The reality of automation is closer than we think. In fact, it’s already here.
61% of Malaysians said in a poll that they’ve already felt the effects of automation in their jobs. That figure tops even Singapore, Hong Kong, China and Japan!
No need to feel threatened
But automation isn’t what most people make it out to be, what, with depictions of citizens rendered jobless and haywire robots taking over the world. In fact, the rise in AI and automation (which aren’t the same thing!) will actually create new jobs!
Automation and AI won’t necessarily be making most jobs redundant. Rather than replacing jobs, it will be replacing tasks. That means less monotonous, repetitive work which eats up valuable time. The very nature of the workforce will change to become a whole lot more productive and efficient.
So while that may mean the possible redundancy of repetitive, manual-based positions both blue and white collar alike, (drivers and data entry clerks for example, are jobs at risk of automation), new industries and positions are set to arise. Just that with the intervention of such advanced technology, the benchmark will be raised even higher.
According to the World Economic Forum’s The Future of Jobs 2018, these are a few of the industries most affected by automation.
1. Customer Service
Hospitality, healthcare and finance. Chatbots are ubiquitous in every sector involving customer interaction - which is well, every one. From providing technical support solutions to responding to Facebook enquiries, the role of chatbots in customer service reaches far and wide. They never need a day off, only require a one-time investment and will always put your customer first.
Though automation and AI can undoubtedly replace and even diminish the need for emails and phone calls, customer service is still very much a sector rooted in empathy. 66% of B2B and 52% of B2C customers stopped buying after a bad customer service interaction.
So even though advances in AI emotional intelligence can enable chatbots to detect nuances in emotion, they lack the skills to negotiate in complicated situations. For now, they’re better off handling low-level elementary queries and working hand-in-hand with humans.
2. Media and Journalism
Common knowledge dictates that careers leaning towards the more creative end of the spectrum are safer from AI. But turns out, media and journalism is a major contender for one of the industries most affected by automation.
Amazingly, a language model developed by OpenAI is capable of generating its own text to form complete full length articles after given a prompt.
Sure, there are plenty of gaps to be found in the legitimacy and prose of the AI-written text, but it’s safe to say that in some cases, the writing can hardly be distinguished between that of one written by a human!
Fact-focused text have already been put under the responsibility of “robot reporters”. Bloomberg, Reuters and The Guardian are already using AI to comb through data, analyze them and present them as required in financial reports and sports journalism.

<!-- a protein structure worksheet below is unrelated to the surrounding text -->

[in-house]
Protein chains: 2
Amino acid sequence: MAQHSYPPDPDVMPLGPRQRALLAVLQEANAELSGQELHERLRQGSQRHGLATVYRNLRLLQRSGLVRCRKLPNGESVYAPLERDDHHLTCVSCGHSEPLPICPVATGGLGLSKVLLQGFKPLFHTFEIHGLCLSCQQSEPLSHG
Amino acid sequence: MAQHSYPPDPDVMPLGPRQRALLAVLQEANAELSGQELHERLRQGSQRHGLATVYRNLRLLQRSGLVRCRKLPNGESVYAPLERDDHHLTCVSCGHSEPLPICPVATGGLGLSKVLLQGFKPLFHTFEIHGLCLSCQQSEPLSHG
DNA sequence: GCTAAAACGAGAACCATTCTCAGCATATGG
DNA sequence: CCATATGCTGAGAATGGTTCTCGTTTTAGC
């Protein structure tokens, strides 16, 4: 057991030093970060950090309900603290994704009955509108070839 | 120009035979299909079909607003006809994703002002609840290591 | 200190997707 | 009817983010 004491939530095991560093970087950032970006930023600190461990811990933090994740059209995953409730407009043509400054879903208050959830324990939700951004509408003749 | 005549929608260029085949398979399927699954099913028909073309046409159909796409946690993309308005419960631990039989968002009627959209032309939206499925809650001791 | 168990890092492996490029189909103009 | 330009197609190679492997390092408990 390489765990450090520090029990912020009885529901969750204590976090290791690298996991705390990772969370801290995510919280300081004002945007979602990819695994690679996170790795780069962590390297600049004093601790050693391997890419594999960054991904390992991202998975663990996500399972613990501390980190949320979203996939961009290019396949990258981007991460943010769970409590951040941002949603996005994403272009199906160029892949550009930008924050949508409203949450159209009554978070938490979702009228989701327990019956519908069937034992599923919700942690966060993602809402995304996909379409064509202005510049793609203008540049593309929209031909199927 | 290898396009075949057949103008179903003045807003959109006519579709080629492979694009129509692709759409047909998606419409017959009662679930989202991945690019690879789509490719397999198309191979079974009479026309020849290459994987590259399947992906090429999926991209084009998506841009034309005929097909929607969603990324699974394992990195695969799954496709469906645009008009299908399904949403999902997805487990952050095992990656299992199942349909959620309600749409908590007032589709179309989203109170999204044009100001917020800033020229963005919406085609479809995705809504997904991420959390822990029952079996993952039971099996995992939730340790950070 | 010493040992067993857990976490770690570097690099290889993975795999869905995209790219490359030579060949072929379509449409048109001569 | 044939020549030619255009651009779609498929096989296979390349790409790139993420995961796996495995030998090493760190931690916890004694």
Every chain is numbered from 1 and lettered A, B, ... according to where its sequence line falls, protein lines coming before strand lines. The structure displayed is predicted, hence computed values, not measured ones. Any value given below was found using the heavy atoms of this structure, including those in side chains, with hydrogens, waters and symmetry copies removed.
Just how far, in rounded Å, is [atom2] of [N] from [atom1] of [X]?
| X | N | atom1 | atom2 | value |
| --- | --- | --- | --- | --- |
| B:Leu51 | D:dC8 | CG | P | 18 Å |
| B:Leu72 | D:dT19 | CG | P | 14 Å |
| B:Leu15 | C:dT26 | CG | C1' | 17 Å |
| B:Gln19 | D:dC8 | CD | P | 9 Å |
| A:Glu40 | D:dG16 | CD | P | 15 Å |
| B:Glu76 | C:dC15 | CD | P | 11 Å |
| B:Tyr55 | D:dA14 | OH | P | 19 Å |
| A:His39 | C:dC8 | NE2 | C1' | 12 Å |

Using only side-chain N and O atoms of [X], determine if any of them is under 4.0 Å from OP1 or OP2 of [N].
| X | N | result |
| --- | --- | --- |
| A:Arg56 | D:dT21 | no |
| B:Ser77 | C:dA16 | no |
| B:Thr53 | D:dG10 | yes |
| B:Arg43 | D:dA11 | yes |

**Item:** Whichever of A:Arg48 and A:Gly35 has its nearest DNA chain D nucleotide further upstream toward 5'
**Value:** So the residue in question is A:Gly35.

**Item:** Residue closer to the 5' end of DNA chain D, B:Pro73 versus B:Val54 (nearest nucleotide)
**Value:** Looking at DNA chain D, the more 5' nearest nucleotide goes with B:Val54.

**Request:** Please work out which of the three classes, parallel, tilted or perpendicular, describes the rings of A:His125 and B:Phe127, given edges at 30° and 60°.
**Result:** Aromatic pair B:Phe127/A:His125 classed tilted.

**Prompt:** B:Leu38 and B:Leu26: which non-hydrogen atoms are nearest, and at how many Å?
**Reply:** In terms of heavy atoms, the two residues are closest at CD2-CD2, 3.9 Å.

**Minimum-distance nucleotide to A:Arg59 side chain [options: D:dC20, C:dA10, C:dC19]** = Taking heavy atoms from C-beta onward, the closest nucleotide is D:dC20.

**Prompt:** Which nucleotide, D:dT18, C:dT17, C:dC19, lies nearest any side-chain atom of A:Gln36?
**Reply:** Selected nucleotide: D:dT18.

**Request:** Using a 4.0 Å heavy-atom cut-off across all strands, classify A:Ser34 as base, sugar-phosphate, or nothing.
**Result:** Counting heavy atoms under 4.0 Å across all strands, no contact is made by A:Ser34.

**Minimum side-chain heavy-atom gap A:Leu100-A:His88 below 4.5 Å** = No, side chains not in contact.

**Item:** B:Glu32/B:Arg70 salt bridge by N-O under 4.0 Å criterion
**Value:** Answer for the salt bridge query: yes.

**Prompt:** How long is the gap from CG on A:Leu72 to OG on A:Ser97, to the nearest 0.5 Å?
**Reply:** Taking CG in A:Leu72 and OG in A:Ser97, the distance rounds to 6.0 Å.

3. Administrative and Support Services
There’s no escape for the administrative sector from becoming an AI-fueled one. But is there anything wrong with that? Much of administrative work is already revolved around software-based systems, and corporates spend a lot of time on non-revenue generating tasks like scheduling meetings, calendar management, document preparation - you name it.
No doubt, every single task listed above already has a well-funded startup to help facilitate the issue. For an even more all-inclusive route, AI assistants as well aren’t foreign to most of us. (Hi, Cortana/Alexa!)
4. Accounting and Audit
The accounting industry has seen waves of automation and machine learning in the past few years. You could say it’s pretty much the new normal. A look through the forefront of current software accounting providers and aspects of its use can be seen in various features, or most likely at the very heart of the software.
Cloud accounting software Xero for example, features automated bank reconciliation and invoice coding to help shoulder some of the burden for accountants. Tapping into such technology has an extremely broad range of uses, and it’d be a shame not to use it to facilitate functions like fraud detection and revenue forecasting.
No, don’t expect aluminium figures in suits to be representing anyone in court anytime soon. Rather, expect much greater productivity and efficiency for professionals in the legal sector.
Litigators will be able to perform the arduous task of due diligence with help from AI tools.
Litigation software LitiGate for example, matches patterns in documents with past cases and scans through contracts to extract only the essentials needed for the case.
So despite studies like this one by Deloitte which states that 39% of current legal professions will be lost in the next 20 years, it doesn’t mean that different types of opportunities won’t be in demand.
The future isn’t bleak though
Despite all this talk of “AI is coming for our jobs”, there’s probably no need to fear that your job is at risk of automation/AI.
What it will do though, is complement the workforce, take over the repetitive duties and allow us to really chow down on the meat of the work.
Still not automating your business’s accounting processes?
Mahzan Sulaiman helps businesses stay on top of their accounting game by staying forward-thinking and leveraging on available technology. Hence, we’re proud to be a Gold Partner of Xero (that cloud based accounting software we mentioned earlier!)
Redefine the way you do your accounts, or just leave it to us! Tell us what you need help with here.